In the past five years, over 2.7 million square feet of space has been constructed at South Lake Union for the biotech and life science industry, placing Seattle at the forefront of medical innovation. This neighborhood, combined with mixed-use and affordable-housing development and public transportation solutions, showed us how regional economic development initiatives can include and foster smart growth.
Our day began with an overview of the South Lake Union neighborhood at the Vulcan, Inc. Discovery Center. There we learned of Mayor Greg Nickels’ successful efforts since 2002 to recruit biotech and life science organizations. Why? Good jobs. These businesses provide high-wage jobs and like to locate close to one another to foster collaboration. In short, biotech businesses make good “regional innovation clusters.” In Seattle’s case, the Fred Hutchinson Cancer Research Center and the University of Washington (UW) were early biotech anchors that helped to attract other biotech businesses.
I especially enjoyed our stop at the Seattle Biomedical Research Institute (SBRI), a leader in infectious disease research. There we received presentations on the work of the Fred Hutchinson Cancer Research Center, UW Medicine and the Washington Global Health Alliance. All of these “heavyweight” research and global health institutions are housed in a 60-block radius, sharing ideas, students, facilities and often clientele.
The reason the visit to SBRI was special is because we got to talk to high school students who are taking advantage of SBRI’s Bioquest education program. The aim of Bioquest is to inspire the next generation of scientists by allowing teenagers to get hands-on experience in a lab and meet working scientists and researchers. Dr. Robert Croyle found it particularly rewarding to see kids benefiting from the over $86,000 in Recovery Funding that was awarded to SBRI to expand the Bioquest program, offering college credit to high school seniors.
But South Lake Union is not just about science, collaboration and commercialization. It is about community. During our walking tour of the neighborhood, we visited the Bart Harvey residence for low-income seniors. The six-story building has an enviable array of amenities—a library room with a computer lab, community meeting space, offices for case management and support services, and a green roof that provides a panoramic view of the Seattle skyline – my favorite though, a rooftop herb garden. We spoke to one resident who expressed her love for her new home. She said, “I am comfortable here. We have everything at our fingertips. Maybe it’s just me, but I love to go up to the garden on the roof and watch the planes touch down.”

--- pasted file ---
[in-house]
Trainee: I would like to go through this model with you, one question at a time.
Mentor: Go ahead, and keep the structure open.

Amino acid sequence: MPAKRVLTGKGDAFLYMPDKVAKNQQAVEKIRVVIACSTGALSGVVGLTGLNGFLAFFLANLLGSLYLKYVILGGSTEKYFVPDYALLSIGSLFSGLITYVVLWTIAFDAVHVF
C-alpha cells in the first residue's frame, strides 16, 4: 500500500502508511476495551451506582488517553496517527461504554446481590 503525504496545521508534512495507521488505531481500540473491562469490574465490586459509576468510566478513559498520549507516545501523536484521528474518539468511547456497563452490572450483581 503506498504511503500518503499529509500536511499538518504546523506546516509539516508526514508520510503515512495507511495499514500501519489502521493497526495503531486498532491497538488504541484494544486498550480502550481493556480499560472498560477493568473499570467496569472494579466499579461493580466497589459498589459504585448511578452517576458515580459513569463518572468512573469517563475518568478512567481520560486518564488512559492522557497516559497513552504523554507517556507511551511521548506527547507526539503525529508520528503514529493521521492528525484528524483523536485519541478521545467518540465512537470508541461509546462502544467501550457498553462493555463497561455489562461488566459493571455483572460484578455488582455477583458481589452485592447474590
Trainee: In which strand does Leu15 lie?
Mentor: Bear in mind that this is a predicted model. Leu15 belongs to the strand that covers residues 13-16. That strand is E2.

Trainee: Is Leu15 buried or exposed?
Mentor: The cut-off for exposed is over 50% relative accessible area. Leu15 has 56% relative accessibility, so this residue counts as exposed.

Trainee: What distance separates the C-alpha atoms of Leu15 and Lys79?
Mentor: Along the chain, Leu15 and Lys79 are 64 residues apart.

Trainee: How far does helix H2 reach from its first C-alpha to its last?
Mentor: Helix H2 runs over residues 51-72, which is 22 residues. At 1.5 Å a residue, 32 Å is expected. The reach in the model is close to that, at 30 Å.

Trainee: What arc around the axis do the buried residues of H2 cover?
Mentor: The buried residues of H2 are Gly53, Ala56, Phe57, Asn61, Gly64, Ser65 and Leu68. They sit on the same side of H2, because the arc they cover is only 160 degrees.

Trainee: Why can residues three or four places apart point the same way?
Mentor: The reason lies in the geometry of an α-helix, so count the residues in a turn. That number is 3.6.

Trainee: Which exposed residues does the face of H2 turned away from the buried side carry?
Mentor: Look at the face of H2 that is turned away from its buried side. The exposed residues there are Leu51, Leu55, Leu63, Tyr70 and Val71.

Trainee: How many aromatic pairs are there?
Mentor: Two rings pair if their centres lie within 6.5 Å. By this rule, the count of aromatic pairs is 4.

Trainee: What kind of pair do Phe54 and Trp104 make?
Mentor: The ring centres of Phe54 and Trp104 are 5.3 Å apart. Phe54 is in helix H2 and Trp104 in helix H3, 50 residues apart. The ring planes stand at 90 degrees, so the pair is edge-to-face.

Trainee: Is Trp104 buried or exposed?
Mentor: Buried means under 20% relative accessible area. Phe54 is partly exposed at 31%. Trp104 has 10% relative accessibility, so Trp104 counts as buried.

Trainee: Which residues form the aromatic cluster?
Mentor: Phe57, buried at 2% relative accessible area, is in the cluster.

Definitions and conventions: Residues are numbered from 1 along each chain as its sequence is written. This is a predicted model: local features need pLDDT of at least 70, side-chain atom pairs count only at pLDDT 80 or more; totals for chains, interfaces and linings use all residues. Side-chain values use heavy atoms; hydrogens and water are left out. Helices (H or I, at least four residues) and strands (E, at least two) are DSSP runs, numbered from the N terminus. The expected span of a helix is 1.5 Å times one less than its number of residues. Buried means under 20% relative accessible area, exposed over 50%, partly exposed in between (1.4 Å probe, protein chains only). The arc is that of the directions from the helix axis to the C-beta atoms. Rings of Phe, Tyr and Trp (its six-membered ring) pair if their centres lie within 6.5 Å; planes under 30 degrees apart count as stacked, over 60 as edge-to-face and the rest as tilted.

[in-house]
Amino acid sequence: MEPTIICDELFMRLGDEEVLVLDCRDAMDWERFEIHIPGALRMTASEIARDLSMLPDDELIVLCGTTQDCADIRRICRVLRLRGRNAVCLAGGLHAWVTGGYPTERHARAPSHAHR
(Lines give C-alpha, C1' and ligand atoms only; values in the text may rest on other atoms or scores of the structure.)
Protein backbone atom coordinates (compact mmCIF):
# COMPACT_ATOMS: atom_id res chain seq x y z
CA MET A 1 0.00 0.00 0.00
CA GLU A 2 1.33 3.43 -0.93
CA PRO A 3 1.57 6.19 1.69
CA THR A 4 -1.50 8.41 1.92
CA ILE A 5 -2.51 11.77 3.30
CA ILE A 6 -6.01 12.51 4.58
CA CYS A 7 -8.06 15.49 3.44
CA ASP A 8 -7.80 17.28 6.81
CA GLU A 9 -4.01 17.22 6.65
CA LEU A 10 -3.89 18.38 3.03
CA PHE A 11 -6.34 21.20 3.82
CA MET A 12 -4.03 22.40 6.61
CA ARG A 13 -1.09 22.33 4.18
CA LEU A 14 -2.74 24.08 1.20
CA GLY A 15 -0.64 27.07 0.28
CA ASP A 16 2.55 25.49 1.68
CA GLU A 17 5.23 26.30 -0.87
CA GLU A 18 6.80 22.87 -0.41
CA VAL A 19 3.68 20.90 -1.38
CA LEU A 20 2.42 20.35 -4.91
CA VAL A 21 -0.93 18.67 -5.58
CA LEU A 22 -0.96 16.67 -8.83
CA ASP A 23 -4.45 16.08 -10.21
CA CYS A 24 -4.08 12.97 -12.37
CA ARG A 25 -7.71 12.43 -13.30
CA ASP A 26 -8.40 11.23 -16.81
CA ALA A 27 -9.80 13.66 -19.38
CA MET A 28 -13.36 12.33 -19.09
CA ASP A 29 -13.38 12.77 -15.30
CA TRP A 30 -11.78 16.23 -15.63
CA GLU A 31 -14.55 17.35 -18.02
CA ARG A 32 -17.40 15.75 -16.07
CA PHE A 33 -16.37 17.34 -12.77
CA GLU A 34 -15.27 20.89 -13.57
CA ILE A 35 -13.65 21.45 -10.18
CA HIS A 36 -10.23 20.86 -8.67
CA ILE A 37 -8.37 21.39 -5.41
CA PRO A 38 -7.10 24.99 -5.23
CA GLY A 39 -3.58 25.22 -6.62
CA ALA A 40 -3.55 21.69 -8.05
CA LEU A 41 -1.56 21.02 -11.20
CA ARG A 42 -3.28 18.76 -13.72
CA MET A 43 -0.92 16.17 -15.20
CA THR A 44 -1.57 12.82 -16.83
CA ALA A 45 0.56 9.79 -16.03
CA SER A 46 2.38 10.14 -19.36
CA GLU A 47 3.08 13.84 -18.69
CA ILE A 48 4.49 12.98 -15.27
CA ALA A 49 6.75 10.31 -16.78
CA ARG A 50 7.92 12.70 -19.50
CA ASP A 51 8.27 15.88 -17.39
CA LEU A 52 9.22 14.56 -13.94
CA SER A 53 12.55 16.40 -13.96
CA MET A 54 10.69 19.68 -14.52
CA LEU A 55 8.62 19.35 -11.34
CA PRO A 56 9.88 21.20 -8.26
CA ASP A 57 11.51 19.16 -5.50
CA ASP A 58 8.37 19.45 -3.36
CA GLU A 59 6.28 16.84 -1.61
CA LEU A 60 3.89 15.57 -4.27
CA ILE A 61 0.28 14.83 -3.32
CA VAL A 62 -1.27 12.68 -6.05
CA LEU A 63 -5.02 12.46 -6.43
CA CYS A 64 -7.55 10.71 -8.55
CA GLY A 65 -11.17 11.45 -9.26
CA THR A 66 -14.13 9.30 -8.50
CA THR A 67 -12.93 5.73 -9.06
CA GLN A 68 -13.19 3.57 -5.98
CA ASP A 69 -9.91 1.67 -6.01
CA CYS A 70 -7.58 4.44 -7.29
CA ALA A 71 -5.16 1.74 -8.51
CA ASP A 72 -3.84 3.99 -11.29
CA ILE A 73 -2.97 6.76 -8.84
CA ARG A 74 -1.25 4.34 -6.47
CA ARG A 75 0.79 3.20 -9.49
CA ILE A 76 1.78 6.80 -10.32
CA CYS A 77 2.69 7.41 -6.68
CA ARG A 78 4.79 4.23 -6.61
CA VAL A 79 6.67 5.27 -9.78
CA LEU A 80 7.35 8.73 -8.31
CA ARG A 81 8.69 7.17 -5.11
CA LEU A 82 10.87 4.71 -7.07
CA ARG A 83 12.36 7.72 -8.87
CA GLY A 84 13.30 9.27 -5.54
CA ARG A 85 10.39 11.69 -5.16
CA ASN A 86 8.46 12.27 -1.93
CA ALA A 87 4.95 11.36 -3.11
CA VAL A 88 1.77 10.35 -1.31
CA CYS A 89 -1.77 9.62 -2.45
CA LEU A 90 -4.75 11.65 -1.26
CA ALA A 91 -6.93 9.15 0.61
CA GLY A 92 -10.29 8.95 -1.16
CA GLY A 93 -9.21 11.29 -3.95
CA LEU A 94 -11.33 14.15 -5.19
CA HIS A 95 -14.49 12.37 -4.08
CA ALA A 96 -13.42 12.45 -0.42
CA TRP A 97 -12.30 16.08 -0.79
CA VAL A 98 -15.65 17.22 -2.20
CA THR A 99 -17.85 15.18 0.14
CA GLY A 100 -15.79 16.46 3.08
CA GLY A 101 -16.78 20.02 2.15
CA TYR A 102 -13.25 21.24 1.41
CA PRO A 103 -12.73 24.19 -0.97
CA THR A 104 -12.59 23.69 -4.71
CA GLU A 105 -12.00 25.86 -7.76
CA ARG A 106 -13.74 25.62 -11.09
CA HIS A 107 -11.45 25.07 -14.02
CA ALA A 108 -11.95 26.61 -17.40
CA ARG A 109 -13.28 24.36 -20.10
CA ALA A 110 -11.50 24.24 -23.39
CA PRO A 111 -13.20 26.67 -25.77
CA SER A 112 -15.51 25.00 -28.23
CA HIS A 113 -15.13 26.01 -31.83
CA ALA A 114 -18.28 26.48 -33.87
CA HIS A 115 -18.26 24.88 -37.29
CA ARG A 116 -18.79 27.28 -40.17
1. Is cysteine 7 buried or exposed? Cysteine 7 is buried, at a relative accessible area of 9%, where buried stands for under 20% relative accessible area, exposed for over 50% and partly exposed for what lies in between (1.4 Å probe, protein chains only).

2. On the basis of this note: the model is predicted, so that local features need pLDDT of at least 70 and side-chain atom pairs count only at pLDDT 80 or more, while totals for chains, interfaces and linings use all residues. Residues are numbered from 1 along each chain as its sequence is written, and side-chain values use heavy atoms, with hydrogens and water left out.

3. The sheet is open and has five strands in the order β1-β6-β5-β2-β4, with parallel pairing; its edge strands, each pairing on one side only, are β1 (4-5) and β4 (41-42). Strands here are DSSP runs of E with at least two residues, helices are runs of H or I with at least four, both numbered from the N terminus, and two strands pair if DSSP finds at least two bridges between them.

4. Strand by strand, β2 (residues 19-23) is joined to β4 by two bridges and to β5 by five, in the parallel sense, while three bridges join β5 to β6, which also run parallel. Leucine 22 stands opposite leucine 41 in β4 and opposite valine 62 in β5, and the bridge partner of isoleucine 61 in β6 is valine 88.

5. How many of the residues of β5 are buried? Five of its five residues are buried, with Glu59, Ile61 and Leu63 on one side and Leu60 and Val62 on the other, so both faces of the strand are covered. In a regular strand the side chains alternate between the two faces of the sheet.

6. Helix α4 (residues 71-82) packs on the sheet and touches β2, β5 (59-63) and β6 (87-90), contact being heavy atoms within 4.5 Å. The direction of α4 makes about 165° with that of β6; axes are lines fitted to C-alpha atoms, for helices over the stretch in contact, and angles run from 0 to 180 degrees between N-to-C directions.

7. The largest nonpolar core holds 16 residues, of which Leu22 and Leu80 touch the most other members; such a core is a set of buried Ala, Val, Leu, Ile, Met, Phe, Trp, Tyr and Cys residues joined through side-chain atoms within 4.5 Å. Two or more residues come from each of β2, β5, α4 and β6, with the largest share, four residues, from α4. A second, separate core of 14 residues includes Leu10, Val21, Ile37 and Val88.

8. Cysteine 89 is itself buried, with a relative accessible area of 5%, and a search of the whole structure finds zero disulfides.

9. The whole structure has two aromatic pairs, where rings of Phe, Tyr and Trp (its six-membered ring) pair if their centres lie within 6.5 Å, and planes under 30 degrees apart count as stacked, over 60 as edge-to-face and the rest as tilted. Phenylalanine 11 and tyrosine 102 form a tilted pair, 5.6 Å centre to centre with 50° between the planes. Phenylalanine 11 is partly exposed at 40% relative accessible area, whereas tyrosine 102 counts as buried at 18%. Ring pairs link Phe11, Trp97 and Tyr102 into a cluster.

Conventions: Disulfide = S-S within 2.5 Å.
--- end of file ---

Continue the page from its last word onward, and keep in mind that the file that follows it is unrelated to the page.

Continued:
Sharon Lee, Executive Director of the Low Income Housing Institute explained, “We need to make sure low-income people can live in middle-class neighborhoods not only in distressed communities.We have changed the look of low-income housing. Not only is it well designed, it’s green.”
We topped off the day with an important policy discussion about the qualities that define a successful regional innovation cluster, the role of the federal government in supporting that type of development, and lessons learned from the South Lake Union experience. Ada Healy, Vice President of Real Estate for Vulcan, Inc., the key local private sector partner noted, “This group came together because of extraordinary leadership, coordination, and cooperation from the Mayor’s Office, the Gates Foundation, the non-profit community, government, and business. There was an atmosphere of trust and a commitment to not just create offices where people work from 9-to-5, but real communities.”
Assistant Secretary John Fernandez explained that the Economic Development Administration is looking to “create a bridge” to encourage innovations that reach beyond the center and positively affect the whole region.”
Our trip to Seattle showed us that smart, coordinated planning can attract a cluster of businesses to a neighborhood and spur regional economic development, and train the next generation of scientists, provide housing for seniors, and create a more livable community. Thanks, Seattle!!
Adolfo Carrión, Jr. is Director of the White House Office of Urban Affairs and Deputy Assistant to the President